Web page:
Atkinson also proposes a more progressive rate structure for personal income tax, with marginal rates of tax increasing by ranges of taxable income, as well as a broadening of the tax base.
He also calls on rich countries to raise their target for official development assistance to at least one percent of gross national income. Africa will however benefit more from a concerted demand for value for its resources instead of unsustainable handouts.
Some of the proposals of the book appear aimed at troubleshooting capitalism instead of essentially disrupting the Babylon system, hence detached from the crying need of the developing world.
Inequality on this continent, facilitated by imperialist tentacles, vested interests of global capital,and post-colonial maladministration, threatens to offset what gains can be actualised from piecemeal reforms and to jeopardise the upbeat Africa Rising trajectory.
Not much has changed since Kwame Nkrumah called out the “hard core of bourgeoisie who are analogous to colonists and settlers” as the bunglers at Africa’s independence feast.
Decades into self-rule, inequality remains a painful reality thanks to this “small, selfish, money-minded, reactionary minority among vast masses of exploited and oppressed.”
In the US, the top one percent receives around a fifth of total gross income, which averages 20 times the class’ proportionate share. Within that one percent again, the top one percent – 0,01 percent of the whole – also gobbles up around a fifth of the total income.
“This means that 1/10 000 of the population receives 1/25 of the total income. The upper tail of the distribution has some resemblance to a Russian ‘matryoshka’ nested doll: wherever we slice the distribution we find the same inequality being reproduced within the remaining top part,” observes Atkinson.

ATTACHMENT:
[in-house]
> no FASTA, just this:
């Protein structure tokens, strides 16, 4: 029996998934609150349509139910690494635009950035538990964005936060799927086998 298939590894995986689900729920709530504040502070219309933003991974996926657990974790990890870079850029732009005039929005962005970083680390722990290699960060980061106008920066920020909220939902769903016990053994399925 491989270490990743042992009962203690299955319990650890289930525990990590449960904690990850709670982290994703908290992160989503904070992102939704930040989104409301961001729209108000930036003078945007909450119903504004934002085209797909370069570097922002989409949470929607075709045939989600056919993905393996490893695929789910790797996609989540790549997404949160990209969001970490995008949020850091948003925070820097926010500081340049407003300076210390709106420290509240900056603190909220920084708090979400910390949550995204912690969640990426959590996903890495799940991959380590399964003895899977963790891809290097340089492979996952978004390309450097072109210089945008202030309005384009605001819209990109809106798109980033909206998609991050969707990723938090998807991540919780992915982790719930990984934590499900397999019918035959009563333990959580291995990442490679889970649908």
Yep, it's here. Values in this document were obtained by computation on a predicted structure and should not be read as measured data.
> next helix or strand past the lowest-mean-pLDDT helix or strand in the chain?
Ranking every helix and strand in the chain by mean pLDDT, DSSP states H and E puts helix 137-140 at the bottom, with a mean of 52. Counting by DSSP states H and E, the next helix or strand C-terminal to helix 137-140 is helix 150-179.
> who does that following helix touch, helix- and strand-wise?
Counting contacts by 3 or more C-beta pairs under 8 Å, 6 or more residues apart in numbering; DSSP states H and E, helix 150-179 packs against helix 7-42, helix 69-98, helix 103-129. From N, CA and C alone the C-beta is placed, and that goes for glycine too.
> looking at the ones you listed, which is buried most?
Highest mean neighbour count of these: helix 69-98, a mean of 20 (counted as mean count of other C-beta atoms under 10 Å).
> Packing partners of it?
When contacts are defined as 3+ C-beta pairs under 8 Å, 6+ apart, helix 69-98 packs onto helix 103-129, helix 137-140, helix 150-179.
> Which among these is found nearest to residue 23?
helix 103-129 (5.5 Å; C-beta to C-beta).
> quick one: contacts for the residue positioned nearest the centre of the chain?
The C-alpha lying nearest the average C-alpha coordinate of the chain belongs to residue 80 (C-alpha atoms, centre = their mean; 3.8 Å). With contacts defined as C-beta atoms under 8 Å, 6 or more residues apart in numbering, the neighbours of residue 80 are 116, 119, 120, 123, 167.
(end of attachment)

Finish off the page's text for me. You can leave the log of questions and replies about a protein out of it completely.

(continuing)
This self-replicating set-up is particularly tragic in Africa, where there are disenfranchised millions at the base of the pyramid, a politically and commercially anchored middle class in-between, and global capital at the top.
Tom Burgis, writing in “The Looting Machine,” provides an incisive assessment of the ravages of the global capitalist juggernaut in Africa.
“Where once treaties signed at gunpoint dispossessed Africa’s inhabitants of their land, gold and diamonds, today phalanxes of lawyers representing oil and mineral companies with annual revenues in the hundreds of billions of dollars impose miserly terms on African governments and employ tax dodges to bleed profit from destitute nations,” observes Burgis.
“In the place of the old empires are hidden networks of multinationals, middlemen and African potentates. These networks fuse state and corporate power. They are aligned to no nation and belong instead to the transnational elites that have flourished in the era of globalisation. Above all, they serve their own enrichment,” he points out.
Resolving inequality on the continent requires, in addition to routing out corruption in high places, concerted resistance to unfair trading deals by African leaders whose countries are currently benefiting less than 10 percent their resources’ worth.
Zimbabwe’s model of resource nationalism is a bold stride into a more equal future but it has been undermined by lack of support from African peers, economic sabotage by Western powers and corruption by the ruling elite.
It has been seldom acknowledged but unity and integrity by the black leadership, beyond the rhetoric, are requisite pillars for equality to be established on the continent, especially given the determined resistance by imperial capital.
Inequality has a global character, although advances in technology ensure exclusive headaches for countries like the US where machines are displacing people from the professional spaces, improving the productivity of corporates but reducing the employability and economic choices of workers.
With the march of the robots into formerly human spaces, enhancing profits but dis-empowering workers, Atkinson proposes harnessing technology to improve the life chances of workers and consumers instead of the other way round.
- Stanely Mushava blogs at upstreamafrica.blogspot.com.